FW: Income tax treatment of an appointment under s144 IHTA

Following on from my earlier posting, I wonder if an alternative interpretation is that the property continues to be treated as part of the residue for income tax purposes, and if for example, it is assented to A before any other distribution from the estate, it will be treated as including a share of the residuary income proportionate to the value of the property to the value of the rest of the residue.

Would this be the correct way to treat any deed of variation under which a particular asset forming part of residue is diverted to a new beneficiary by a deed of variation? There would be a certain logic, in that otherwise if a residuary beneficiary diverted all of the assets specifically in a deed of variation, leaving little in the way of cash, and not enough to cover the total residuary income, then hmrc would not get any higher rates of tax on that income.

Simon Northcott

It is a question of looking at the actual words used in the appointment.
Why should the appointment of a particular property carry the right to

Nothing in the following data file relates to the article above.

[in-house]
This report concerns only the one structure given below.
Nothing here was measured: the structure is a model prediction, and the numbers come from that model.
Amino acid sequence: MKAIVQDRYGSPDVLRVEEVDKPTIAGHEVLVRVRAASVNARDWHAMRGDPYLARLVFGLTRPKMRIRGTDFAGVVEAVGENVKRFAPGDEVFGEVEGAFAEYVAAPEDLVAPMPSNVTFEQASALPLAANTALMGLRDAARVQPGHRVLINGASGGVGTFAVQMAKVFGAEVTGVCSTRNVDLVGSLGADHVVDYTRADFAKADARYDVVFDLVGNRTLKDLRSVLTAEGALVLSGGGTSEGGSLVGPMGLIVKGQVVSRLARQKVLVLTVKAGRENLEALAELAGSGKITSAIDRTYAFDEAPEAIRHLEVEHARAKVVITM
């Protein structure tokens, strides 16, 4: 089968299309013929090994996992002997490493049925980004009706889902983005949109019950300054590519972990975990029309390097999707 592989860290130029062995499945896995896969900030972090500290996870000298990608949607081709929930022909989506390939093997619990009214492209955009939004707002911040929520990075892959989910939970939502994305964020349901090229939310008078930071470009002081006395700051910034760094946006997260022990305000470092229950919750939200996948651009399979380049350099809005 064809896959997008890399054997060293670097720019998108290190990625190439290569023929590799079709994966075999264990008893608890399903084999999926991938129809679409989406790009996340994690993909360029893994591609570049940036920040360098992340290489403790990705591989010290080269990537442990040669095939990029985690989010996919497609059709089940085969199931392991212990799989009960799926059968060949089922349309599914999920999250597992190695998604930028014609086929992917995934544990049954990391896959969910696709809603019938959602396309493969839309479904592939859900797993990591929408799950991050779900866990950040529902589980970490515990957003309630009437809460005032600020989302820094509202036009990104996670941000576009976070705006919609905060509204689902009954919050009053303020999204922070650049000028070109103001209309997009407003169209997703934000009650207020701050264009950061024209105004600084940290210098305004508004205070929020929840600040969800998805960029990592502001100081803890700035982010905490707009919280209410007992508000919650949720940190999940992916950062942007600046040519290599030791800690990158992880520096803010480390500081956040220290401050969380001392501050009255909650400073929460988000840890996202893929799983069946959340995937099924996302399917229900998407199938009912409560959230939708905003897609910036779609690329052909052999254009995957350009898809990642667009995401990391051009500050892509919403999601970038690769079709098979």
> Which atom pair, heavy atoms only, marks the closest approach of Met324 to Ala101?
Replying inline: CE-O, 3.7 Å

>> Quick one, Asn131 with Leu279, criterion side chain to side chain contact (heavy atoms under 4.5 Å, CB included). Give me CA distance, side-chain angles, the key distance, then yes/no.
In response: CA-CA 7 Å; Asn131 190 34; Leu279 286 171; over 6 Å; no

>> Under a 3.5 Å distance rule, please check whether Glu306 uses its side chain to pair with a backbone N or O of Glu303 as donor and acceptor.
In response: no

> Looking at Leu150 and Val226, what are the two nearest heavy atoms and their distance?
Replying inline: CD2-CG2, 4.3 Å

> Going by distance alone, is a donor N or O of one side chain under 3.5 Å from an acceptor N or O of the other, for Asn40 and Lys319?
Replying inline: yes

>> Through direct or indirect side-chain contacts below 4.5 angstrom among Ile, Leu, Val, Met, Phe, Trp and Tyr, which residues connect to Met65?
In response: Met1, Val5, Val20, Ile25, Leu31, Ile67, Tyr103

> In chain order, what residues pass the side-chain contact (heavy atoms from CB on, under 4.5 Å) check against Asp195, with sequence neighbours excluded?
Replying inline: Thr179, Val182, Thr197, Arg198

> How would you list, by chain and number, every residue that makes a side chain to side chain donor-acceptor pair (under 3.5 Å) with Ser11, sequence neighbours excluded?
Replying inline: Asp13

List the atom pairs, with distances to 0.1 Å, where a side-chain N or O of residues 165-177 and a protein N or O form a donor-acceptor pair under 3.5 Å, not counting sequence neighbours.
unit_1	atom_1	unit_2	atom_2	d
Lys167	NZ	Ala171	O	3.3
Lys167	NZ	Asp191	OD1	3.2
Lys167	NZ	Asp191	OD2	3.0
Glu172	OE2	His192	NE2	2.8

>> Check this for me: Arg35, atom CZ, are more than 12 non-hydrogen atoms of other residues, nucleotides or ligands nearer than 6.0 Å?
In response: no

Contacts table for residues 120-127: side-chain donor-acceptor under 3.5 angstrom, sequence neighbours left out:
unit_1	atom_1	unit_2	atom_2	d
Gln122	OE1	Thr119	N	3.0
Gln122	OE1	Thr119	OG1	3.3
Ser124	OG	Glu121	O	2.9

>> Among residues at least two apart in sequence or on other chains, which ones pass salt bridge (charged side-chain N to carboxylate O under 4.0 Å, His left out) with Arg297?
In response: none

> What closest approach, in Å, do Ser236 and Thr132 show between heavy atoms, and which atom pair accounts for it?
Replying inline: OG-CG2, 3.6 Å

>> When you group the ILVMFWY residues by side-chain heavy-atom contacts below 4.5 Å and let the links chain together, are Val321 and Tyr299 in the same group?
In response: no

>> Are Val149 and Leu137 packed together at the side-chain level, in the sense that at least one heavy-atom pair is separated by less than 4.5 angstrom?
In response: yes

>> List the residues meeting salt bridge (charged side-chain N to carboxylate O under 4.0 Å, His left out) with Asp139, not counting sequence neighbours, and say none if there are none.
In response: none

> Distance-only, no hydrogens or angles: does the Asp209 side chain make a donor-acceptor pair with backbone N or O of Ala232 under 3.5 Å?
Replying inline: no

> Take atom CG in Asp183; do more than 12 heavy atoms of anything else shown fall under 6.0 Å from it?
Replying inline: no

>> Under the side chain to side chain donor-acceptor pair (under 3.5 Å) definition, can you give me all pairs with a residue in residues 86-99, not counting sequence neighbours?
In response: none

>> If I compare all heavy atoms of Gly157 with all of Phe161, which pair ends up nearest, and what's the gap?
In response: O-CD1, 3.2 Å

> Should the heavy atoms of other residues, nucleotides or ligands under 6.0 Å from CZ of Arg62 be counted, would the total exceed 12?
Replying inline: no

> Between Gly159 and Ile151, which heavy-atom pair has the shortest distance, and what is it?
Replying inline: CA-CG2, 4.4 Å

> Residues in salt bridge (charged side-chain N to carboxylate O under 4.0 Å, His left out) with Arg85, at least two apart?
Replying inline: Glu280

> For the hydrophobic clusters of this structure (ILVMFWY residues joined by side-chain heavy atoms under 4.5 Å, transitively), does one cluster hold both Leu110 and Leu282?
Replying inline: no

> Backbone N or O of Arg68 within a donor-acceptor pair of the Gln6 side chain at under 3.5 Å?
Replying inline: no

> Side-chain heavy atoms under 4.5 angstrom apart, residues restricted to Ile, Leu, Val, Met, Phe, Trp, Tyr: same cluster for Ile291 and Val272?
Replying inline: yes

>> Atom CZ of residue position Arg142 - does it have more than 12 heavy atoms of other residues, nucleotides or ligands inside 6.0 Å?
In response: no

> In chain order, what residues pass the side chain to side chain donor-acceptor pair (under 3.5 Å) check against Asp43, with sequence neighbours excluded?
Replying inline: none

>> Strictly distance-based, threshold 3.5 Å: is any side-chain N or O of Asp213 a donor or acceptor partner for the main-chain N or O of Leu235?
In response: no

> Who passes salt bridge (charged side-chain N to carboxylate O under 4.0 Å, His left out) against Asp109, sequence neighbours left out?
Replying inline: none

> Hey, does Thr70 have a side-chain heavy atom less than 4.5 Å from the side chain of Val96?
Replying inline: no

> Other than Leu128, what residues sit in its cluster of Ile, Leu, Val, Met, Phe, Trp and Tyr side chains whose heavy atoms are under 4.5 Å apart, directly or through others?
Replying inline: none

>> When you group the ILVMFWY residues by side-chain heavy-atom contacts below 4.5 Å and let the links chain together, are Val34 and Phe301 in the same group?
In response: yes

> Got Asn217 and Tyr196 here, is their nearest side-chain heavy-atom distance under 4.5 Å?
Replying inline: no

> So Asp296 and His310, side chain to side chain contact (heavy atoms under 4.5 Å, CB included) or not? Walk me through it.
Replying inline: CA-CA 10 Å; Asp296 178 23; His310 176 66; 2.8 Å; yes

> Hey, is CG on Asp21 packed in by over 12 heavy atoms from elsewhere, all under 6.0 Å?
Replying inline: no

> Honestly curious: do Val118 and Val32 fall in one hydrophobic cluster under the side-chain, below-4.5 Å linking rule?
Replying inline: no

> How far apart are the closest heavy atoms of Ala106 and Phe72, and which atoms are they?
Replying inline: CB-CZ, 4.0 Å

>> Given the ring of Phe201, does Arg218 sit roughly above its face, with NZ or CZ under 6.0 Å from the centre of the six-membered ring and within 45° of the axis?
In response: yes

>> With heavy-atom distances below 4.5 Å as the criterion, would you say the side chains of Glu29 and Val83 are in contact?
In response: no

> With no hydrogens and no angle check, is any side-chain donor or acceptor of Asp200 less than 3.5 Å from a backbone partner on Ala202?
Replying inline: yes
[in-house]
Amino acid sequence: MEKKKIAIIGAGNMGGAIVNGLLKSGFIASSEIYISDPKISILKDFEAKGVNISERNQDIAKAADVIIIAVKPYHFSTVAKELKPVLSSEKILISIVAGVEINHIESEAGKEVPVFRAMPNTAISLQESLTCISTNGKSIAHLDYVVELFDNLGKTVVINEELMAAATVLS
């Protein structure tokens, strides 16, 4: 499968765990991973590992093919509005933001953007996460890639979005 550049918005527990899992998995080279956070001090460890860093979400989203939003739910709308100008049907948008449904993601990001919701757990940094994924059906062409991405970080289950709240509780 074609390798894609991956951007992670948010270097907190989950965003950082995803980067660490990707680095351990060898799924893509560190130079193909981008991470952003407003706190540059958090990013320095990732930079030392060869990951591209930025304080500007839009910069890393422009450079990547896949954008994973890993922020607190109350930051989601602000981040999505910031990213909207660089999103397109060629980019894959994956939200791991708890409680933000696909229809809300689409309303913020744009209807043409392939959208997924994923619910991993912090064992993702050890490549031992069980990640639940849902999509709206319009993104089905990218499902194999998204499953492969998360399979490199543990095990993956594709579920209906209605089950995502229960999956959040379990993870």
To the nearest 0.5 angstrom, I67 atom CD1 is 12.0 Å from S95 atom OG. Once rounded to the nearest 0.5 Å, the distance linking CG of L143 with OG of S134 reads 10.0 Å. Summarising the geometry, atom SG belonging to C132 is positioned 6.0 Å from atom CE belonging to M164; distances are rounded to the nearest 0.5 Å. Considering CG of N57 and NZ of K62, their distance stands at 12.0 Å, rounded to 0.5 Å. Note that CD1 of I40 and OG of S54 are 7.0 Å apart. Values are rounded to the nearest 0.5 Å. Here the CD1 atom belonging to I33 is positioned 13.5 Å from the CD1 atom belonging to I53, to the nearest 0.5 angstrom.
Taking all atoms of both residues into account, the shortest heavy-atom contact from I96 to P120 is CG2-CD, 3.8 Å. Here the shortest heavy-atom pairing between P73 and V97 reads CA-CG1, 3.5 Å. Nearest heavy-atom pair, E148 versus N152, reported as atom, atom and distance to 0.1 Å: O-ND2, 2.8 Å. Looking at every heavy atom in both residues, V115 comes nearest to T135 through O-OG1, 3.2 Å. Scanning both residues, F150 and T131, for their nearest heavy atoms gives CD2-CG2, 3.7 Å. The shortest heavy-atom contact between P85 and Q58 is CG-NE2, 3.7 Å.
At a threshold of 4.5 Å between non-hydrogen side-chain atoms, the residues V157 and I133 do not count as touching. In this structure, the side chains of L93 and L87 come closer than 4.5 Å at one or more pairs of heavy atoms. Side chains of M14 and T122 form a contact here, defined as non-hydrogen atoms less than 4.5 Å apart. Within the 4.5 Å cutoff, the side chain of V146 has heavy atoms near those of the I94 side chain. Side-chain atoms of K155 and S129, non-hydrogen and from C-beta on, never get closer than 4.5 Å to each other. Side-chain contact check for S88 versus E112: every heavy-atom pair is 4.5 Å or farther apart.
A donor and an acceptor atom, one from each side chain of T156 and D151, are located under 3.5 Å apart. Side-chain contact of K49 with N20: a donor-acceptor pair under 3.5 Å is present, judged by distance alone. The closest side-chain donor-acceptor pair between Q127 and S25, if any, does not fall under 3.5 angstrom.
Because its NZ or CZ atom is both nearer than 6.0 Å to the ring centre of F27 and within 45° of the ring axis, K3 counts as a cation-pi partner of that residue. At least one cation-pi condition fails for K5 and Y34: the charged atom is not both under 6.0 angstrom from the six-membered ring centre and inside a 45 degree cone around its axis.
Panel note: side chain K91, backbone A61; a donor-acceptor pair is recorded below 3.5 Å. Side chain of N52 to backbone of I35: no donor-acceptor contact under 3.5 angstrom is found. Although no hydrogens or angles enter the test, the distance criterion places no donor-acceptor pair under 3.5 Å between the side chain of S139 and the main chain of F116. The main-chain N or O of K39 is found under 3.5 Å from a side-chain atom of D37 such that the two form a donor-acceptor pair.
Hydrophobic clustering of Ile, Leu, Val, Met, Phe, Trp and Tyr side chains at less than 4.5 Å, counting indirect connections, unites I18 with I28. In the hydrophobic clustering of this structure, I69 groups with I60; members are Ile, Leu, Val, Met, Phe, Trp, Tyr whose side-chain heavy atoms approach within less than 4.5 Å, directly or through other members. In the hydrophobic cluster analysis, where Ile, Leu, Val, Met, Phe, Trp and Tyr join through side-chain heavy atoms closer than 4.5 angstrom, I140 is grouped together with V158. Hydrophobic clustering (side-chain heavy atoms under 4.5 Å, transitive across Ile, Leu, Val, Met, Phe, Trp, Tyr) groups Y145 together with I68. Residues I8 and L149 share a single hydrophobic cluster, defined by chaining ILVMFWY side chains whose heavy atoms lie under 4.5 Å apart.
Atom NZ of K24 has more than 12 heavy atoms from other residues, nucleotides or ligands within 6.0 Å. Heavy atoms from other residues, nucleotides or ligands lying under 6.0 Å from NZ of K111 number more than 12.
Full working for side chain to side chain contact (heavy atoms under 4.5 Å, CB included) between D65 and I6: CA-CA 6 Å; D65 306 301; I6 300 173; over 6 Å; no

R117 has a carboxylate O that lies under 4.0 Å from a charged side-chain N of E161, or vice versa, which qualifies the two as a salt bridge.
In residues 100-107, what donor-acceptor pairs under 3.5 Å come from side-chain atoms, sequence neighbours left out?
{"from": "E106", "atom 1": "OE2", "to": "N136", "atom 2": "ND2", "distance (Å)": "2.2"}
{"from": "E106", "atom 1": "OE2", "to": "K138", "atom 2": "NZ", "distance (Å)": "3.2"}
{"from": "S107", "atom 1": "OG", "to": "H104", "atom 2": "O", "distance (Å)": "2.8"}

income from the date of death if, by replacing the property with a cash
sum would not entitkt the recipient to the interest earned on that cash
sum during the same period.

If the executors intended the income since death to pass with the
property, it would have been simple to have included the appropriate

It seems to me that the net rents will form part if the residuary
income, and be assessable upon the residuary beneficiaries.

I believe that if the property and net rents from death had been gifted
by deed of variation then the rents would not be included within the
residuary beneficiaries’ income. However, within the context if the
estate in question, I appreciate that might not have been possible.

Paul Saunders